Israel, which fancies itself a democracy, does indeed have different standards of justice. As part of a new program of action against "terrorists," Israel last week began arrests of anyone who posts content on Facebook that the government considers to be anti-Israeli. As it is not necessary to actually do anything to fall afoul of the new regulations, the offense is in the nature of a thought crime. Inevitably, Arabs have been arrested but no Jews. It is also interesting to consider whether Israel believes its extraterritoriality on what it considers terrorism to extend to Americans and Europeans who criticize Israeli actions. Many of those who are reading these words might well find themselves arrested if they should ever have to enter Israel for any reason.

Israel and its friends have also responded sharply to a European Union demand first put in place last November that products derived from the Israeli settlements be labeled as such, enabling consumers to avoid them if they choose to do so. Last week, the E.U. also indicated that any business or government to government dealings with Israel must not involve the settlements on the West Bank and in East Jerusalem. Israel's point of view is that the West Bank settlements are de facto part of Israel.

The Swedish foreign minister Margot Wallstrom has also been subjected to Israel's wrath after she suggested that it might be worthwhile to investigate whether Israeli police and military have been executing Palestinian prisoners extra-judicially. More than 141 Palestinians have died in the recent unrest versus 24 Israelis. There have been numerous reports that some of the Arab victims have been shot and killed after they were either incapacitated or arrested while a leading Rabbi has called for all Palestinians to be executed. The Netanyahu government has attacked Wallstrom, stating that her comments were "a mix of blindness and political stupidity." She has been officially banned from travel to Israel.

Israel's pit bulls in the think tanks and media have inevitably joined in the discussion. Jennifer Rubin at the Washington Post explains "Why it's correct to label the Obama administration anti-Israel," citing, among others, the deranged Danielle Pletka of the American Enterprise Institute, who describes identifying settlement produced goods as "blatant anti-Semitism" coupled with a warning that that "it should be clear to Jews everywhere that the 1930s are returning." Rubin also cites the ever reliable Elliott Abrams, who sees a broad movement to discredit Israel, commenting that the U.S. failure to condemn the E.U. action means that Obama is "joining the jackals."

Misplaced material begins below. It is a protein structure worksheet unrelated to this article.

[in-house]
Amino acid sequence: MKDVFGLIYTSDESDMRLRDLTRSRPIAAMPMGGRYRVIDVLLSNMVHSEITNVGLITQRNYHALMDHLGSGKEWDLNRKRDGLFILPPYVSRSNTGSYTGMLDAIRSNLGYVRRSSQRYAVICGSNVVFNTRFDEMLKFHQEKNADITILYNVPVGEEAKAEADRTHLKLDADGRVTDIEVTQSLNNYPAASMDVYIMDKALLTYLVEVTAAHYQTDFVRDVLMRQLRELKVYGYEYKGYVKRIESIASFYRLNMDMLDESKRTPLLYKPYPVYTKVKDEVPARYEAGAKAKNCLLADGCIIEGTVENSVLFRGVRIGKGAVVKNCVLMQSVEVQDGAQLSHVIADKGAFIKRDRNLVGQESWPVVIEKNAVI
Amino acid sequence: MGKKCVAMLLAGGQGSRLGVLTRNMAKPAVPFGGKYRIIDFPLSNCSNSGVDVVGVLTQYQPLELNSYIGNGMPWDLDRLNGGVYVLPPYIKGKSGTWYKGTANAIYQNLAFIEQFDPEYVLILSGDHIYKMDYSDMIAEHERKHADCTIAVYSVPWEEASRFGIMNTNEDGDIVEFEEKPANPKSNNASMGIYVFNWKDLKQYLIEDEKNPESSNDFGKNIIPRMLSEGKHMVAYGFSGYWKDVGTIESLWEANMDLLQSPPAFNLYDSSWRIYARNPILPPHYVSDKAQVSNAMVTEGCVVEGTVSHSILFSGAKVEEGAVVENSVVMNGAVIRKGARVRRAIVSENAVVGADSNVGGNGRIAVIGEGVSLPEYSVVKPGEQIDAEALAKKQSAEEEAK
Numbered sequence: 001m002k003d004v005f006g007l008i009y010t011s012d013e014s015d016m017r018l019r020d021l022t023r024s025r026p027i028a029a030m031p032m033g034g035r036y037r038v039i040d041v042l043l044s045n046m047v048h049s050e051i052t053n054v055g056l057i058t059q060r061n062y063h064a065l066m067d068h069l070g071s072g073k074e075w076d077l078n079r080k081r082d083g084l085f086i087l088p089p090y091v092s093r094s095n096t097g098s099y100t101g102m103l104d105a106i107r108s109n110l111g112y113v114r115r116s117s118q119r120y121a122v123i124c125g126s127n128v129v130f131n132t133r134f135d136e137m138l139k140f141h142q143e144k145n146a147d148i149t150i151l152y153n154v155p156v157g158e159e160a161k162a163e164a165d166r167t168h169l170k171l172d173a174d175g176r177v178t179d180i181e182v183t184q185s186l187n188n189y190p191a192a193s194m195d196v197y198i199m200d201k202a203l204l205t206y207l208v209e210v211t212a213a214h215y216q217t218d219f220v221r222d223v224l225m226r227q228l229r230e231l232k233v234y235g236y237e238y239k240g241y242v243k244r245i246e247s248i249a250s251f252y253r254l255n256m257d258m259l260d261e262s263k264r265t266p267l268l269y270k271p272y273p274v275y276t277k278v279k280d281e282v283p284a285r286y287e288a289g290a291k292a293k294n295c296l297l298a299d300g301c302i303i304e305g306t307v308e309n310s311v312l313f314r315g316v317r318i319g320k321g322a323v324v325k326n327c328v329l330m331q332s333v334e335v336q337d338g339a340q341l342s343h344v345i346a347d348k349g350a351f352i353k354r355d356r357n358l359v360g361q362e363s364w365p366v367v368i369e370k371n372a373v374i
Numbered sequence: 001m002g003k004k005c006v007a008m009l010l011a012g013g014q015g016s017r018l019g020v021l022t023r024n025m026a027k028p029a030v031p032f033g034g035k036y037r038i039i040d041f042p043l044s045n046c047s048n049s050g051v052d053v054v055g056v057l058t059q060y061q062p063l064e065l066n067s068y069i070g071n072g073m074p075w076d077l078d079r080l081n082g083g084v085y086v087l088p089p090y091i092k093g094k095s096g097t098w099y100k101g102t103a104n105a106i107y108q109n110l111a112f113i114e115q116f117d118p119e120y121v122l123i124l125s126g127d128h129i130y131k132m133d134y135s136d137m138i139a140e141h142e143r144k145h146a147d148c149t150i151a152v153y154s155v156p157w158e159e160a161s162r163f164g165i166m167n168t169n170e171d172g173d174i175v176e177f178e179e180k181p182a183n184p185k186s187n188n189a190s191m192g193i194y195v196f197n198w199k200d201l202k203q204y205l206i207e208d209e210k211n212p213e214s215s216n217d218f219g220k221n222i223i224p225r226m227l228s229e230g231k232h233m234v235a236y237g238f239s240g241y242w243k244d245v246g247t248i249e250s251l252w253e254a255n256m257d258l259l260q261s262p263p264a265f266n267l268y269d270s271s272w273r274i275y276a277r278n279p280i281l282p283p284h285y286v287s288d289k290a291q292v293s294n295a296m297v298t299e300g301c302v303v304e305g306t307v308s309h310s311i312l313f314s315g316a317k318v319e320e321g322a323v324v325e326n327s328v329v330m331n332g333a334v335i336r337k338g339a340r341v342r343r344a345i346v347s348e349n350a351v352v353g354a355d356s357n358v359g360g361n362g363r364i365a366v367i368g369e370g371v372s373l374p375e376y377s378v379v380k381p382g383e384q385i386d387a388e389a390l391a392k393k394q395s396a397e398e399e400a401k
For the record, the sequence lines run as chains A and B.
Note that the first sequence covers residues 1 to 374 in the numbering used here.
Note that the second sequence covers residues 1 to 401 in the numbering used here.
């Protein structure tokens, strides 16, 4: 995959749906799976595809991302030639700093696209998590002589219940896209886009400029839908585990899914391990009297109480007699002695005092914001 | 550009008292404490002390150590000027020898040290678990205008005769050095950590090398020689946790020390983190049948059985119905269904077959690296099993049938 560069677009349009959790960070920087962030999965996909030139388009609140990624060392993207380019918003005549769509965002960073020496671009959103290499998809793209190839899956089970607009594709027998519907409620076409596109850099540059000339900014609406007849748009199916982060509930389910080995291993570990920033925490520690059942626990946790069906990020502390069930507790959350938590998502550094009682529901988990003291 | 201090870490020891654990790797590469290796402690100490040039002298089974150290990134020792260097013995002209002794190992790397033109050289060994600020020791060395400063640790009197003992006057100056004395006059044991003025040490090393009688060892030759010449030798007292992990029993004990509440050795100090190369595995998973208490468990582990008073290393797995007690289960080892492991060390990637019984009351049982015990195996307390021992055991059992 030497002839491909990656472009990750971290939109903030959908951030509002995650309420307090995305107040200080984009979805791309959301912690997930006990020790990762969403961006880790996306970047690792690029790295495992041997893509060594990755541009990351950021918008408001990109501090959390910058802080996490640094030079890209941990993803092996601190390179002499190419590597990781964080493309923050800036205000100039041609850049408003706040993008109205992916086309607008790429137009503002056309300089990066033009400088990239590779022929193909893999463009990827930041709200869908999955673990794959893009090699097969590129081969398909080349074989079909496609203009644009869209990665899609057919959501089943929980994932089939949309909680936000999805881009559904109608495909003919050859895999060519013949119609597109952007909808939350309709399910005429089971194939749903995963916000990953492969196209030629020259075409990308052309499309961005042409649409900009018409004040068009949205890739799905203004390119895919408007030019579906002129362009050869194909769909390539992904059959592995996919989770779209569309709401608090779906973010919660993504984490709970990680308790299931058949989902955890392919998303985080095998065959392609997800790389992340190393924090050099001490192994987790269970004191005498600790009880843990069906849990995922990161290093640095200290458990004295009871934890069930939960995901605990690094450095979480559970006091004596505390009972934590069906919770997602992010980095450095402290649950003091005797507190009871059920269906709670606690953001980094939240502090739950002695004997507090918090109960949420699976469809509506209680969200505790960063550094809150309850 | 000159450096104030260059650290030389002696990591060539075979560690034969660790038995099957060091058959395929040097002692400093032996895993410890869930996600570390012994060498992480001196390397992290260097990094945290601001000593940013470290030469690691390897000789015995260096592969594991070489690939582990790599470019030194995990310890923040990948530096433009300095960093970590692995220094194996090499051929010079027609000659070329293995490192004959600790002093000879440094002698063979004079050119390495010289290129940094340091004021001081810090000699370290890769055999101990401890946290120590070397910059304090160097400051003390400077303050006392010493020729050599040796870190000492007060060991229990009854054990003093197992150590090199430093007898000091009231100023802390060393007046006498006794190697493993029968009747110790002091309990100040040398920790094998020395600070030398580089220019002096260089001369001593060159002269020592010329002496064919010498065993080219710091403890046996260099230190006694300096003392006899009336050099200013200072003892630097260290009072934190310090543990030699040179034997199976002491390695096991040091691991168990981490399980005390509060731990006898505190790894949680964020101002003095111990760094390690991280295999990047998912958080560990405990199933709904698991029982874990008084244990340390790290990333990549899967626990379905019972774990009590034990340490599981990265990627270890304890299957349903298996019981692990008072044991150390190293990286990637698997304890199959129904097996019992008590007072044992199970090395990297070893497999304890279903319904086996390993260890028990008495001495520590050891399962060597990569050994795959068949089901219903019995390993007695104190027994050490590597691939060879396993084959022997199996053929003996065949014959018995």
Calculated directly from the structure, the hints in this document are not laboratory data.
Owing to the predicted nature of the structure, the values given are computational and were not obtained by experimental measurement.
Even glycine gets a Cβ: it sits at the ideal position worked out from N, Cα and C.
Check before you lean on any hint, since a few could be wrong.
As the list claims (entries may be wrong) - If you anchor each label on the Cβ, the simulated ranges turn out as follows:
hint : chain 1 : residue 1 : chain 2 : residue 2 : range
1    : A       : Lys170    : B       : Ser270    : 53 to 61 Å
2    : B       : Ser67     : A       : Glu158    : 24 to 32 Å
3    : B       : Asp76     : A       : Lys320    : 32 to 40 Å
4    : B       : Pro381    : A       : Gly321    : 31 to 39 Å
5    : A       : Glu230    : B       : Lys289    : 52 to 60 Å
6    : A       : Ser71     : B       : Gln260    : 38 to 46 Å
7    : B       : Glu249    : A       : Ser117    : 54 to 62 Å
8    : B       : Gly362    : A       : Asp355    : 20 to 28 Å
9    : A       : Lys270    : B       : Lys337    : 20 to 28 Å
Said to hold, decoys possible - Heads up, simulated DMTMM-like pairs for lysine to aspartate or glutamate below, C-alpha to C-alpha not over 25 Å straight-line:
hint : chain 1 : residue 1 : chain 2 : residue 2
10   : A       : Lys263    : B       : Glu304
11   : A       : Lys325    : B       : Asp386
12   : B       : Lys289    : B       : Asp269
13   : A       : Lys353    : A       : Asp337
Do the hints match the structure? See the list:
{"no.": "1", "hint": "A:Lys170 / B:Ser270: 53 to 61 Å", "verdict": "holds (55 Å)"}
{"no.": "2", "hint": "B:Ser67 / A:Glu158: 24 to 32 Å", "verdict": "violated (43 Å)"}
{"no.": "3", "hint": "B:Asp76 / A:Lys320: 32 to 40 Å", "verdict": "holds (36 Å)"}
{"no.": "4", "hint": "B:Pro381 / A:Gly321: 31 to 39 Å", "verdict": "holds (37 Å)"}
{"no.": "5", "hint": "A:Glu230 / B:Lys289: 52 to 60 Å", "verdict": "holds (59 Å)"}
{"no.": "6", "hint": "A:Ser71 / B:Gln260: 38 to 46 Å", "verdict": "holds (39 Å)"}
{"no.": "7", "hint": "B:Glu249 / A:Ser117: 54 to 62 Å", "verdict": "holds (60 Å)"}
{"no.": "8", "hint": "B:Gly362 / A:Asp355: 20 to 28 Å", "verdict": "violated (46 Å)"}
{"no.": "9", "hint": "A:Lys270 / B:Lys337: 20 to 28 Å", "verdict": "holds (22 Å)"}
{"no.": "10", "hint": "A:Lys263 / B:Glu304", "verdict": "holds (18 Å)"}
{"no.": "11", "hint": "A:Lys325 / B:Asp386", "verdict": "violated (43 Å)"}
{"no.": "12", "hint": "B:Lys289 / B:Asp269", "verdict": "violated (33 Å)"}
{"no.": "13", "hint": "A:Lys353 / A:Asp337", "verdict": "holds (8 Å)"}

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Rubin and her friends seek to twist the argument by maintaining that other areas "in dispute" do not have their products labeled, but they ignore the fact that there is no other situation anywhere in the world quite like Israel's continued military occupation coupled with the introduction of settlers, destruction of the local economy and exploitation of aquifers and other natural resources. And the West Bank is hardly disputed, except by the Israel first last and always crowd. It is clearly Palestinian land.

Giving Israel more money will not make Netanyahu behave but there is no possibility that the largesse will somehow be terminated because America's timorous leadership is afraid to confront the obvious. The whole world understands that Israel is the ultimate rogue nation, propped up by the only remaining superpower, which appears to be a helpless giant whenever it is confronted by the Israeli Prime Minister's demands.

Professor Stephen Walt of Harvard has recently suggested that the most influential papers within the U.S. mainstream media might want to consider featuring on their opinion pages more foreign power realists and a lot fewer neocons, in part because the former have been consistently right while the latter have nearly always been wrong. How true. It would be a breath of fresh air to open a newspaper and not be confronted by Elliott Abrams, Jennifer Rubin, Robert Kaplan, Charles Krauthammer and the Kagans spewing their nonsense about the Middle East.

A realist would instead ask "What are America's interests in the Middle East?" and "Why do we have a widely promoted 'special relationship' with Israel?" The answers would demonstrate that Washington and Tel Aviv's interests do not coincide and never have. And that the special relationship is a self-serving fiction invented by Israel's friends. Understanding that and acting upon it would be a real change that many of us could quite comfortably live with.

 

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http://www.councilforthenationalinterest.org

Philip Giraldi is the executive director of the Council for the National Interest and a recognized authority on international security and counterterrorism issues. He is a former CIA counter-terrorism specialist and military intelligence officer who served eighteen years overseas in Turkey, Italy, Germany, and Spain. Mr. Giraldi was awarded an MA and PhD from the University of London in European History and holds a Bachelor of Arts with Honors from the University of Chicago. He speaks Spanish, Italian, German, and Turkish. His columns on terrorism, intelligence, and security issues regularly appear in The American Conservative magazine, Huffington Post, and antiwar.com. He has written op-ed pieces for the Hearst Newspaper chain, has appeared on "Good Morning America," MSNBC, National Public Radio, and local affiliates of ABC television. He has been a keynote speaker at the Petroleum Industry Security Council annual meeting, has spoken twice at the American Conservative Union's annual CPAC convention in Washington, and has addressed several World Affairs Council affiliates. He has been interviewed by the Canadian Broadcasting Corporation, the British Broadcasting Corporation, Britain's Independent Television Network, FOX News, Polish National Television, Croatian National Television, al-Jazeera, al-Arabiya, 60 Minutes, and other international and domestic broadcasters.